The radio ballads were the joint creation of Ewan MacColl, Charles Parker and Peggy Seeger.
A radio ballad is a sound-tapestry woven of four basic elements: songs, instrumental music, sound effects and the recorded voices of those with whose lives each program deals.
These programs were revolutionary for their time, using as they did the actual spoken words of the ‘informants'. Up until this time, this 'actuality' (as the trio dubbed it) was transcribed and then interpreted by trained radio speakers. The radio ballads lead you effortlessly from to song to music to sound effect to the spoken word and back again, revealing the effect of a way of life upon those who lead it. They are entertaining, informative, musical, poetic and educational.
There were eight radio-ballads, created, between 1957 and 1964.
The third program in the series, Singing the Fishing features the men and women of the herring fishing fleets of East Anglia and Northeast Scotland. It was based on 250 tapes of conversation with fishermen and their families, a wealth of material described by Parker as "all but overwhelming". MacColl and Seeger hit paydirt with the discovery of Sam Larner, an 80-year old ex-fisherman from Norfolk who was also a singer with a large repertoire of country songs, traditional ballads and seafaring material. Progressing from Larner's rich, sail-based memories to the reminiscences of a retired steam-drifter skipper from Great Yarmouth, they moved on to the new centre of the industry, the Scottish northeast coast where a new fleet of diesel-driven boats was built after the Second World War.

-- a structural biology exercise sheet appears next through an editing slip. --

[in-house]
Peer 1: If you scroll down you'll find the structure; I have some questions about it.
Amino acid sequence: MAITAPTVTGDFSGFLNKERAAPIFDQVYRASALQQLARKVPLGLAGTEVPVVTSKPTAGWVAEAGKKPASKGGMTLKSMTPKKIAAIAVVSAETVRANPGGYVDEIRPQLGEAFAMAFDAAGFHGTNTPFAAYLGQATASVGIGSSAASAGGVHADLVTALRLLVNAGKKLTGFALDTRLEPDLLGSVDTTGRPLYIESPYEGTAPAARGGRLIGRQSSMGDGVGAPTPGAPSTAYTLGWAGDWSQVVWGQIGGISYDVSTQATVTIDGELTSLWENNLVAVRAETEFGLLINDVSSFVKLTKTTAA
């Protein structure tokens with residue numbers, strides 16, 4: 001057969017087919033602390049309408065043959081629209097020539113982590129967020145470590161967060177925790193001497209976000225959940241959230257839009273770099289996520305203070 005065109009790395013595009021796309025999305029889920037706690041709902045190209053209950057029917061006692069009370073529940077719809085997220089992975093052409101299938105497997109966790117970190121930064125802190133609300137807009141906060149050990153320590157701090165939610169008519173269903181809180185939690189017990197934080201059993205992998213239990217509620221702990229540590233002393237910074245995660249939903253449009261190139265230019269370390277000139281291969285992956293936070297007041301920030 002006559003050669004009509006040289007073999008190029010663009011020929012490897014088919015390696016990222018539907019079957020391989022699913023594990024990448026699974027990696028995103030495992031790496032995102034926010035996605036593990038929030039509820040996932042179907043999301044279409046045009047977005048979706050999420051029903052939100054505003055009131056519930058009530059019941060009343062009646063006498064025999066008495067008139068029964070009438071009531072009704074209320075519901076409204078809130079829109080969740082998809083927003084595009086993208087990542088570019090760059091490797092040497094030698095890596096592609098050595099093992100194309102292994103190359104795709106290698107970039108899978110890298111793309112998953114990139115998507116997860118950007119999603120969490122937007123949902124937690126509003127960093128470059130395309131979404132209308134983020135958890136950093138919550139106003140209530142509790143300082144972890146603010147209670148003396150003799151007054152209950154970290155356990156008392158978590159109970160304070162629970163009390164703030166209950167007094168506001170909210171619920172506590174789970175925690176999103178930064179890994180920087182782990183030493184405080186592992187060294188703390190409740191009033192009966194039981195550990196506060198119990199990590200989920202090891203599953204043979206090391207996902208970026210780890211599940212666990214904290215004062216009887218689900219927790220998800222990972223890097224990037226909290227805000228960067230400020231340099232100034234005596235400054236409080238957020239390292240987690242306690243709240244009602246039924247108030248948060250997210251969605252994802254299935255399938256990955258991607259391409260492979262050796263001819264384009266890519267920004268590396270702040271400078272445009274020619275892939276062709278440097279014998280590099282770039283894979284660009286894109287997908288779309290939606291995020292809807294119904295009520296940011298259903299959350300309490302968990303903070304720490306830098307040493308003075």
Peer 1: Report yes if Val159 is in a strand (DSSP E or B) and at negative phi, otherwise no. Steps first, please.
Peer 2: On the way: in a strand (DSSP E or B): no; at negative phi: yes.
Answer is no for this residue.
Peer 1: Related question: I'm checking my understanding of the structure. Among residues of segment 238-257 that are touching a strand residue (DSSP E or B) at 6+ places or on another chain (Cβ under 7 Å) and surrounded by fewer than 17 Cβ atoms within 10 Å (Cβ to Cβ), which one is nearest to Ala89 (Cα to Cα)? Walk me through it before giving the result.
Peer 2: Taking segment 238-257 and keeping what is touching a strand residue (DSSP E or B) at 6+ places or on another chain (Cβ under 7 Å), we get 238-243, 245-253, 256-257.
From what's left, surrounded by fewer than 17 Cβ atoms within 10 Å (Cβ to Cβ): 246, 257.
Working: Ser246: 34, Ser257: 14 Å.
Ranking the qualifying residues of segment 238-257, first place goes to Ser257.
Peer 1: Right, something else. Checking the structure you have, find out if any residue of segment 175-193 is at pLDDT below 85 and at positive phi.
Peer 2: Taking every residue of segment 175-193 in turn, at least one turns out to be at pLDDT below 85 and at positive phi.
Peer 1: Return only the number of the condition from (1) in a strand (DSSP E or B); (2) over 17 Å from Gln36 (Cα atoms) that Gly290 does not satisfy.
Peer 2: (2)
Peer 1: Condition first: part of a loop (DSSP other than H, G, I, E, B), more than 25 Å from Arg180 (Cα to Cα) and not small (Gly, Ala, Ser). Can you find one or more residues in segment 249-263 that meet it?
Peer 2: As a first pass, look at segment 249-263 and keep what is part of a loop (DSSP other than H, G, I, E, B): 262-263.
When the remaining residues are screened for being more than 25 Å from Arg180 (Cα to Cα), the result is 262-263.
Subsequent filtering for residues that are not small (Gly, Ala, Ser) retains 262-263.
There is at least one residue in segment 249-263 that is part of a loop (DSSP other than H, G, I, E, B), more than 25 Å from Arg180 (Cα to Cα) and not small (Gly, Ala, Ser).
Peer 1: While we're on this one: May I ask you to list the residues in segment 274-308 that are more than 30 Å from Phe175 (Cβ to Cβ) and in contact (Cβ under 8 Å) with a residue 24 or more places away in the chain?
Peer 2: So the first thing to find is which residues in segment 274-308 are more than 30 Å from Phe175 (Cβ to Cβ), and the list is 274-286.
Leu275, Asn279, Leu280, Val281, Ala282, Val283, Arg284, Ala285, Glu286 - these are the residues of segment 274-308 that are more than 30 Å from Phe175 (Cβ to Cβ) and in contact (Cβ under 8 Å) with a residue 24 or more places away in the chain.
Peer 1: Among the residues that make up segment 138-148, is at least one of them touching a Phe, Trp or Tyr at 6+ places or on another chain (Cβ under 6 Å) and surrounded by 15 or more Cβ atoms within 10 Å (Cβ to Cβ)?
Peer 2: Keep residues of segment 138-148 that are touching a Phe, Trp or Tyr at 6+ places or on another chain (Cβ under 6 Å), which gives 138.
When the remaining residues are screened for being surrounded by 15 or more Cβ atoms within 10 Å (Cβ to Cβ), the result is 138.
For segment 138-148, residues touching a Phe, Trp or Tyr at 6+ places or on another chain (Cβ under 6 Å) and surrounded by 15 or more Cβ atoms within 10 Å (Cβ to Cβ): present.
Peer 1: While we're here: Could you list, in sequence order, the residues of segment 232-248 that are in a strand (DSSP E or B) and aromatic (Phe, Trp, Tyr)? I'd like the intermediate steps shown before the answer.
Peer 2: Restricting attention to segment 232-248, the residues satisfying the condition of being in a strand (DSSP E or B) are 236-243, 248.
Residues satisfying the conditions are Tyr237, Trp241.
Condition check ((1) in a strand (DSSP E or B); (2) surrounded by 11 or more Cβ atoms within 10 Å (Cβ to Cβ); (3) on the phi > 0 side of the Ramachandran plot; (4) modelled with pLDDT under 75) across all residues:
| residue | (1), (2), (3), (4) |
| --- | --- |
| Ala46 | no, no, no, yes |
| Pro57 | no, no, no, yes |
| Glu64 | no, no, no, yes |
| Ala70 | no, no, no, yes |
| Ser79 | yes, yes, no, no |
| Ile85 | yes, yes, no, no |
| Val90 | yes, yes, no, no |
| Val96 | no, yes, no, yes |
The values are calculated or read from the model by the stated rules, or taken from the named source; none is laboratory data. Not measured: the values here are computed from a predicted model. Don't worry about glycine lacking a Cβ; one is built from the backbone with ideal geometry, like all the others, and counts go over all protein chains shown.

The program reveals the tough lives of these hardworking people, dominated by the herring trade and full of insightful humour, in their everyday speech and the songs inspired by the richness of their tales.
Singing the Fishing won the Prix d'Italia for radio documentary in October 1960 and was eventually transmitted in 86 countries. It was this ballad which crystallized the innovative production techniques devised to interweave the music with the actuality, a process minutely described in MacColl's autobiography Journeyman (Sidgwick & Jackson, 1990). The exhaustive process perfected for this program over its three to four months of production made Singing the Fishing the first fully integrated work produced by the team and it became the flagship for the series, the ballad most remembered and talked about. The techniques for research, field recording, musical scoring and recording were then set for the rest of the series.
This site is maintained by the MacColl family, aiming to make Ewan's catalogue available to download.
Ewan MacColl is
known to most as a songwriter and singer, but he was also of significant influence in the worlds of theatre and radio broadcasting. His art reached huge numbers through the folk clubs, greater numbers through his recordings and untold millions through the radio....more